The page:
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RIP Seamus Heaney


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#1 Ray

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Posted 30 August 2013 - 05:33 AM

The Irish Times obituary appears here

 

One of my favorite lines from his translation of Beowulf, about Beowulf himself:  "drunk, he slew no hearth-companions."



#2 kfw

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Posted 30 August 2013 - 07:57 AM

The Irish Times obituary appears here

 

One of my favorite lines from his translation of Beowulf, about Beowulf himself:  "drunk, he slew no hearth-companions."

 

I'm grateful to him for his wonderful recording of that translation, because I never much cared for Beowulf before. Does anyone know The Burial at Thebes, his translation of Antigone? I saw it performed in Dublin in 2004. I guess now would be the time for me to finally read it.



#3 Kathleen O'Connell

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Posted 30 August 2013 - 08:08 AM

The Irish Times obituary appears here

 

One of my favorite lines from his translation of Beowulf, about Beowulf himself:  "drunk, he slew no hearth-companions."

 

Oh, sad news! I love to read Heaney's translation of Beowulf aloud -- he mined the particular sonorities of the English language for everything that they're worth and the poem fairly leaps off the page at you.

 

A memento mori from Heaney's Beowulf (lines 1758-68) -- grim, but gorgeous to read.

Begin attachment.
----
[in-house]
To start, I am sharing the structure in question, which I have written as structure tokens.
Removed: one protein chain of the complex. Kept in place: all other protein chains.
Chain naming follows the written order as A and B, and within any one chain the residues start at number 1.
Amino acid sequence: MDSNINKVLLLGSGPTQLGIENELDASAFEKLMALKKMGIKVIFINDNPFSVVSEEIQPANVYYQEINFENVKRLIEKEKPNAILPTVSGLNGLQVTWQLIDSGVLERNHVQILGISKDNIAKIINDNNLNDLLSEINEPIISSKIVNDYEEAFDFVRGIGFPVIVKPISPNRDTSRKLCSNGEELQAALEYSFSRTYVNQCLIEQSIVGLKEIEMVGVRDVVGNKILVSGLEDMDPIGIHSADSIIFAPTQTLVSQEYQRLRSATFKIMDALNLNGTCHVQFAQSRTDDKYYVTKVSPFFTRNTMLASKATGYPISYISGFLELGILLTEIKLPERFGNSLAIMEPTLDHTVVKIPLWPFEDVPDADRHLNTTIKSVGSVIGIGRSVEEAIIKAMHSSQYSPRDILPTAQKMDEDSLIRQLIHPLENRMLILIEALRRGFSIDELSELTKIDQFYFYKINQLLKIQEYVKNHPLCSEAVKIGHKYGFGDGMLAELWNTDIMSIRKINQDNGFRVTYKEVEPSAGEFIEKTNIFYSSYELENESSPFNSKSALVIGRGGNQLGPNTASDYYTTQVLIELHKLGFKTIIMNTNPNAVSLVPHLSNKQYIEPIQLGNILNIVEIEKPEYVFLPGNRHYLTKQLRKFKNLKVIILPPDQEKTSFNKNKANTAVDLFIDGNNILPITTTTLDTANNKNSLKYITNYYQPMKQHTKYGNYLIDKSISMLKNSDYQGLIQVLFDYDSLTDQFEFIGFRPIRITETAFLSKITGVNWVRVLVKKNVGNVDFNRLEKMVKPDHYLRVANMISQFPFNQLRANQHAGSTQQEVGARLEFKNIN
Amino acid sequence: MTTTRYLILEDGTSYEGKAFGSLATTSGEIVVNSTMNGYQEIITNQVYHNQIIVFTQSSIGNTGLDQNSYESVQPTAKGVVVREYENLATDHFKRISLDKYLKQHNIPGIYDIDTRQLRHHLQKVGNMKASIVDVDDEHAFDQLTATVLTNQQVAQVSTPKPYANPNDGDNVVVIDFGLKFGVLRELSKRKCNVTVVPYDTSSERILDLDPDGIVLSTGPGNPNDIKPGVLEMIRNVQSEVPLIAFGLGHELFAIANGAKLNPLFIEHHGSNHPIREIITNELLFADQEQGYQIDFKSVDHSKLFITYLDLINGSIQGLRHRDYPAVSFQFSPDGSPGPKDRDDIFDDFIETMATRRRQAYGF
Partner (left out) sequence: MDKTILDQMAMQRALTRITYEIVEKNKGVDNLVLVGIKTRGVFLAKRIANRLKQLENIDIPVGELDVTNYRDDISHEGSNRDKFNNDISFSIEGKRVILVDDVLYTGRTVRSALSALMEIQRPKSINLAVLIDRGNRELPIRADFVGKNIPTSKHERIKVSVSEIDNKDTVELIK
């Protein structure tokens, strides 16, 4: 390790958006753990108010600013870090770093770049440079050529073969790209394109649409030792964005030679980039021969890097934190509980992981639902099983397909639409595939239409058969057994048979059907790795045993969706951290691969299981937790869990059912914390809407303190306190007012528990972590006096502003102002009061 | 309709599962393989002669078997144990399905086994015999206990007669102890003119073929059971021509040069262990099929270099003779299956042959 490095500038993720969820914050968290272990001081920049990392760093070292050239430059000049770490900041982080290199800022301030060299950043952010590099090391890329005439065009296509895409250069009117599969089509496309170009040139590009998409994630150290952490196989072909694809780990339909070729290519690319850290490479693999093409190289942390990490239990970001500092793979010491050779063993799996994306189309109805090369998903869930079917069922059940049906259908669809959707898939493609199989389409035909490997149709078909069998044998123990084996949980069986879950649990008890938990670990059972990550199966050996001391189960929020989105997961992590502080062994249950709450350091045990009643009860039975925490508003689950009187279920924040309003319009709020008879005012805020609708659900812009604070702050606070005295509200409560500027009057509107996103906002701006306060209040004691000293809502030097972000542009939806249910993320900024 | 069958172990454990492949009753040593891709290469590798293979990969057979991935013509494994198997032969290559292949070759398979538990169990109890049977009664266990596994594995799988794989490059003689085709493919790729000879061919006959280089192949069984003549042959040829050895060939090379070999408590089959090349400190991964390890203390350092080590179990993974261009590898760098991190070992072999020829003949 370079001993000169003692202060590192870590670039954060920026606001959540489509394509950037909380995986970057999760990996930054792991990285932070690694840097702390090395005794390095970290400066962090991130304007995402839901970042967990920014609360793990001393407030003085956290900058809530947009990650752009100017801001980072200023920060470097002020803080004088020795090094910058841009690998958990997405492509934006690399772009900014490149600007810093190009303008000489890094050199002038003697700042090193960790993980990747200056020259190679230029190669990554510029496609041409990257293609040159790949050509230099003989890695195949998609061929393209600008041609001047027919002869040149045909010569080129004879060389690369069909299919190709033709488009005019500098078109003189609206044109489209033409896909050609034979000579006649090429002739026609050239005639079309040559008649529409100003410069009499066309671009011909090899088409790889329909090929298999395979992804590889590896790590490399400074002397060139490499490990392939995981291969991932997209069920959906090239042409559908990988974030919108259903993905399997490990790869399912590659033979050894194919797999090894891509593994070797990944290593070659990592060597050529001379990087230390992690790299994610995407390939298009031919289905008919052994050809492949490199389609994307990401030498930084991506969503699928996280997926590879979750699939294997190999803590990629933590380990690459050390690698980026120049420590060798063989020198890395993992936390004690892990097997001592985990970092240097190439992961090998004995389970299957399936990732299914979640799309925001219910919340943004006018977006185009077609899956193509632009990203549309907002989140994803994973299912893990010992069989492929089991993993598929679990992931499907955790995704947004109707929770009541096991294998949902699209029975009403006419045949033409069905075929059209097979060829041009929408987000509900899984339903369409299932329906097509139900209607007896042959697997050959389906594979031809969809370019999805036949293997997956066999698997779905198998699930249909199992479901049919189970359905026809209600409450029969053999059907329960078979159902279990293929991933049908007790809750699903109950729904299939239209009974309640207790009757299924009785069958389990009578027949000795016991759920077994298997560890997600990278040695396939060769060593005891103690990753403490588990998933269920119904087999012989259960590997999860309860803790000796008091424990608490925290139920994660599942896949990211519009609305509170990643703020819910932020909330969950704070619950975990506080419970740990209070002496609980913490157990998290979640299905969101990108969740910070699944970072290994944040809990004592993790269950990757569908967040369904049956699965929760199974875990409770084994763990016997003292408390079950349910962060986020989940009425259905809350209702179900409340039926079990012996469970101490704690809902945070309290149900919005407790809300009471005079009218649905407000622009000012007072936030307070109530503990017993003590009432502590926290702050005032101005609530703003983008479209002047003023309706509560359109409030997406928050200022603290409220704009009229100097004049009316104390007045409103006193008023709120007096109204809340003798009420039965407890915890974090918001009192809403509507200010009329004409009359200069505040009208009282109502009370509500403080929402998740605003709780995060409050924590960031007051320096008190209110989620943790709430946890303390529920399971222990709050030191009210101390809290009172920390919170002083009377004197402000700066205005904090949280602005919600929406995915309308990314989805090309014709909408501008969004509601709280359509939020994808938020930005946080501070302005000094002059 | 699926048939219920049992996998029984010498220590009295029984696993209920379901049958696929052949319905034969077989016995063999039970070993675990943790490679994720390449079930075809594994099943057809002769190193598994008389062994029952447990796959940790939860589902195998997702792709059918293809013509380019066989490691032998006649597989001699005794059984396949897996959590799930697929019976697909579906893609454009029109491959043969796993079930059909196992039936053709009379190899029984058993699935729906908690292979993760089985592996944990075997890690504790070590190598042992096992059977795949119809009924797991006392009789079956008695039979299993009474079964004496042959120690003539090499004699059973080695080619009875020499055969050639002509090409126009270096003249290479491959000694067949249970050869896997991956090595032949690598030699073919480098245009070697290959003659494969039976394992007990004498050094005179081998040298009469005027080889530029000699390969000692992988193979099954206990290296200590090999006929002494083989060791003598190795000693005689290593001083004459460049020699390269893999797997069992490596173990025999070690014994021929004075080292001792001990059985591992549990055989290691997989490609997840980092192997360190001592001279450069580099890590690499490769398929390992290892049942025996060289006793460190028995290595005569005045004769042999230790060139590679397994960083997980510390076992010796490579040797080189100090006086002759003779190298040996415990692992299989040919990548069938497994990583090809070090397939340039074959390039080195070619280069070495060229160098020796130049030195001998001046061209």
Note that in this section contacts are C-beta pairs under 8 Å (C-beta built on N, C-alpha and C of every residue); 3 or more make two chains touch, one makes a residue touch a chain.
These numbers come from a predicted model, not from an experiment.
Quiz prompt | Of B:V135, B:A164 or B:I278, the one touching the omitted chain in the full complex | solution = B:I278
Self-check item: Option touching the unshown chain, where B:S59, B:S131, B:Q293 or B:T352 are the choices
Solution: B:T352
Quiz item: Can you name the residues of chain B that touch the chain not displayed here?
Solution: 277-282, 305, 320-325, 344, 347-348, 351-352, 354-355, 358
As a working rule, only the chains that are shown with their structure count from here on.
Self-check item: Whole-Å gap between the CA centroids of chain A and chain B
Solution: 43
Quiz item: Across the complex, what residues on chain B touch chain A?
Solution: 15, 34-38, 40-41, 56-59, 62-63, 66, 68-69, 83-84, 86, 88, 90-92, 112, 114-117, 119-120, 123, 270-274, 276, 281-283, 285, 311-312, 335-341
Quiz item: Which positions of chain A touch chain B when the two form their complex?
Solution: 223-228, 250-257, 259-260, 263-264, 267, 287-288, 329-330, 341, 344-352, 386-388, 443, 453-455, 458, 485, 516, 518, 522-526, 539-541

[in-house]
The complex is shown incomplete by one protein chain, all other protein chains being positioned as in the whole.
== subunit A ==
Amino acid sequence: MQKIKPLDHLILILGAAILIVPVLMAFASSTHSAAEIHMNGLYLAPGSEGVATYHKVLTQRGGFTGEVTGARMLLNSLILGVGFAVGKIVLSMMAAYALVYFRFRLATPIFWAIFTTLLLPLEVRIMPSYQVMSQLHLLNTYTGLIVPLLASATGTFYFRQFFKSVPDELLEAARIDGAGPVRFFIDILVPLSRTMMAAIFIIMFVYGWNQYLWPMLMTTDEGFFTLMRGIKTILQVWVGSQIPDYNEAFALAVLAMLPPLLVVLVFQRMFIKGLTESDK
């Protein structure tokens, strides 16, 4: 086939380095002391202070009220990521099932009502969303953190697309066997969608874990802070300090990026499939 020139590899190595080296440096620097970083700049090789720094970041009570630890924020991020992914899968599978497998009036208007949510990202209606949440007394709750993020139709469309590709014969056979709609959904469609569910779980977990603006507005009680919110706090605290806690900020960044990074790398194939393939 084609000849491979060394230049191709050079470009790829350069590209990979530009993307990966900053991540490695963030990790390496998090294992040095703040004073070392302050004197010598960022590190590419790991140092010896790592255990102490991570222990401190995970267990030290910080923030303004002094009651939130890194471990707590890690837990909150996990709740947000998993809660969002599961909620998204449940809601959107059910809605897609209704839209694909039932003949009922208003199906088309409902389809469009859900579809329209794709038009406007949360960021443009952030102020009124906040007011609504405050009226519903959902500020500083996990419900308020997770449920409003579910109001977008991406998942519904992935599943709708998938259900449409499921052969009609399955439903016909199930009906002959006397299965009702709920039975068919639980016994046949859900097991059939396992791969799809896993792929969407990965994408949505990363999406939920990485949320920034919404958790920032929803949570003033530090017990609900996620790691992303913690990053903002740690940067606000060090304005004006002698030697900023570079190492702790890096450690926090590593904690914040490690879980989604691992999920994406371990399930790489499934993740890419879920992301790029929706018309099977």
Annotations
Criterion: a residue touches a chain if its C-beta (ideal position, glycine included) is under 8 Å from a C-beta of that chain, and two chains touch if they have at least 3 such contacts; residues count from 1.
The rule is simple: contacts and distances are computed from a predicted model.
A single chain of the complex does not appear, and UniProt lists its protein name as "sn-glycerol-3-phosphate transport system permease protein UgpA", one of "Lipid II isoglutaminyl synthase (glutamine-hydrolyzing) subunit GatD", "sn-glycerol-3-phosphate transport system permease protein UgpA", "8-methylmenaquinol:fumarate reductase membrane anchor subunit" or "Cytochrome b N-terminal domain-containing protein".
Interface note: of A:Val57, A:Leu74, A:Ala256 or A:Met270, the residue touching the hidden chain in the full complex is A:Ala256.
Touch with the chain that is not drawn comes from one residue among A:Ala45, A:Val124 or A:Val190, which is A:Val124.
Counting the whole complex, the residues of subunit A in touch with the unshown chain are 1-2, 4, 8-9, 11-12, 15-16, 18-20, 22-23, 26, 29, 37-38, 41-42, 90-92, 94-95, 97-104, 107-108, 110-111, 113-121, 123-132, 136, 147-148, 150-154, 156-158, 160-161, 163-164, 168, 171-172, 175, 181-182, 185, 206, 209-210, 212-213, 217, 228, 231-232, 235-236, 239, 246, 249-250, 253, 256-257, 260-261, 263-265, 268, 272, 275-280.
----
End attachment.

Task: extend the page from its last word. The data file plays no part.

[Heaney's puts this synopsis in the margin: Beowulf is exhorted to be mindful of the fragility of life]

 

O flower of warriors ...

For a brief while your strength is in bloom

but it fades quickly; and soon there will follow

illness or the sword to lay you low,

or a sudden fire or surge of water

or jabbing blade or javelin from the air

or repellant age. Your piercing eye

will dim and darken; and death will arrive,

dear warrior, to sweep you away.

 

RIP



#4 Kathleen O'Connell

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Posted 30 August 2013 - 08:20 AM

 

The Irish Times obituary appears here

 

One of my favorite lines from his translation of Beowulf, about Beowulf himself:  "drunk, he slew no hearth-companions."

 

I'm grateful to him for his wonderful recording of that translation, because I never much cared for Beowulf before.

 

 

There's a recording of Heaney reading Beowulf on YouTube. Part One is here.  Part Two is here.



#5 dirac

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Posted 30 August 2013 - 10:28 AM

Thank you for posting this very sad news, Ray. Unexpected, too. I realize he was 74, but still. I wonder what happened exactly. RIP.

 

The NYT obit, here, which quotes the famous first lines from "Digging," the first poem in his first collection:

 

The cold smell of potato mould, the squelch and slap

Of soggy peat, the curt cuts of an edge

Through living roots awaken in my head.

But I’ve no spade to follow men like them.

Between my finger and my thumb

The squat pen rests.

I’ll dig with it.

 

I remember him saying that in retrospect he thought there was a mite too much chest-thumping in that declaration. He lived up to it, though.